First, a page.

Courtesy of Knowledge of the Day
I've just listened to a podcast by Derek Halpern of Social Triggers blog which presented a fascinating glimpse into the world of neuroscience and its impact on marketing. Interviewing Jonah Lehrer, author of "How We Decide", the podcast explained that decisions are primarily made when there is an interplay between the stimuli that we receive and their influences on different portions of the brain.
Perhaps the most fundamental point is that emotions play a big impact on decision making. In studies where brain injury patients lose the use of their emotional brain centres (the limbic brain system), these individuals are often unable to make the simplest decision such as deciding where to have lunch and so on.
This would imply that any form of marketing message must have an emotional stimulus that influences decision making. Going solely on logical and rational benefits alone will not work.
There are also two key protagonists at play in decision-making in any human being, namely:
- the insular cortex (or insula) which is the deeply embedded "pain centre" of the brain.
- the pleasure centres which are linked to the nucleus accumbens and the pre-frontal cortex.
The fear of loss (or loss aversion) which involves the former is normally a stronger neural pathway than the potential benefit of gain. Thus, advertisements that use loss preventive language ("Don't Lose this Opportunity", "Hurry, While Stocks Last!", "Season Ending Soon!") often works better than those that proclaim any potential gain ("Enjoy 50% discount!", "Live a richer life today").
In the same vein, people are often exquisitely sensitive to criticism. A negative experience will be remembered them far more strongly than positive comments and compliments.
A related issue is what Jason calls the "endowment effect". A person provided with an opportunity to "take possession" of an item feels that it is a lot more valuable to him or her. For example, if potential customers walk into a store, tries on a piece of clothing in the dressing room and like what they see, they are more likely to have a sense of ownership over that item. This makes the individual more likely to buy it.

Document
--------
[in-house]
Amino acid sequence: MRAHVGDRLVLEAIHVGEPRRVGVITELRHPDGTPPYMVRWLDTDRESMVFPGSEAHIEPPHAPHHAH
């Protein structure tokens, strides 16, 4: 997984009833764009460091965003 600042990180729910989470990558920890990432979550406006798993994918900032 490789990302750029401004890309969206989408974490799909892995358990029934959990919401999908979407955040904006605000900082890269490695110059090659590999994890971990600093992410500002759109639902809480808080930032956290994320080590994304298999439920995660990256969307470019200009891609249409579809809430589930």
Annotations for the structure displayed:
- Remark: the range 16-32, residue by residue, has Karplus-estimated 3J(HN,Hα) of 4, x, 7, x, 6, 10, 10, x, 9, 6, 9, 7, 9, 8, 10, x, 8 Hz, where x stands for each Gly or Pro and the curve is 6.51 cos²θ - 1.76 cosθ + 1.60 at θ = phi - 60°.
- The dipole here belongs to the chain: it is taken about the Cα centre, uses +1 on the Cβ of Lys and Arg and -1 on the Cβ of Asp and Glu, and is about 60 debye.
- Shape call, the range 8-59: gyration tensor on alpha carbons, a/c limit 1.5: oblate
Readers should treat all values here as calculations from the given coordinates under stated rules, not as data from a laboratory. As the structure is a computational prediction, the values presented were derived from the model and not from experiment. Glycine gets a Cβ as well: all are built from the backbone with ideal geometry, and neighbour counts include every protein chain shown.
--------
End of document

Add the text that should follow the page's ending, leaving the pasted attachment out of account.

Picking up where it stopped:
Such tricks in granting ownership can be used by companies that imprint a potential customer's name in their marketing materials, or to personalise advertising materials using the targeted customer's vital statistics where available.
The other strategy that companies can employ is to avoid triggering the pain centres of the brain by sidelining them such that sensory signals hit the pleasure centres instead. An example of this is the use of credit cards. By making spending more painless, they make it easier for people to purchase items relative to using cold hard cash.
Similarly, avoiding the fear of loss is seen in how continuous "value for money" messages like "Everyday Low Price", or "Best Price Guaranteed" lulls people to purchase an item, even if the price is not discounted. By reassuring consumers' insulas that they're not going to be ripped off, marketers can trick them into believing that they're getting more bang for the buck.
However, one needs to beware of such tactics. The repeated use of discounts may end up "training" consumers to only want to purchase during the sale and not normal rack rates.
In the same vein, the last thing you want to do is to infuriate your consumers by slashing a discounted price (because they have missed the sales period), and to show that only normal rack rates are available.
The lesson here is not to piss off potential customers!
Irrational decision making is also seen in how people prefer immediate gratification rewards vis-a-vis longer-term but less certain benefits. Our proclivity towards loss aversion which result in driving us towards low hanging fruits rather than potentially larger but longer-term benefits, sacrificing quantum for immediacy.
However, there is value in holding out for something better. Being able to delay gratification has been shown to be highly beneficial for us as individuals. Experiments have shown that it is one of the greatest predictors of long-term success. As such, while marketers would want to trigger the impulse reflexes of the pain and pleasure centres of their customers, consumers may want to think and reflect more carefully before pressing that "buy" button on their screens.
Labels: consumer behaviours, consumer marketing, consumer psychology, marketing psychology, marketing strategy, neuromarketing, neuroscience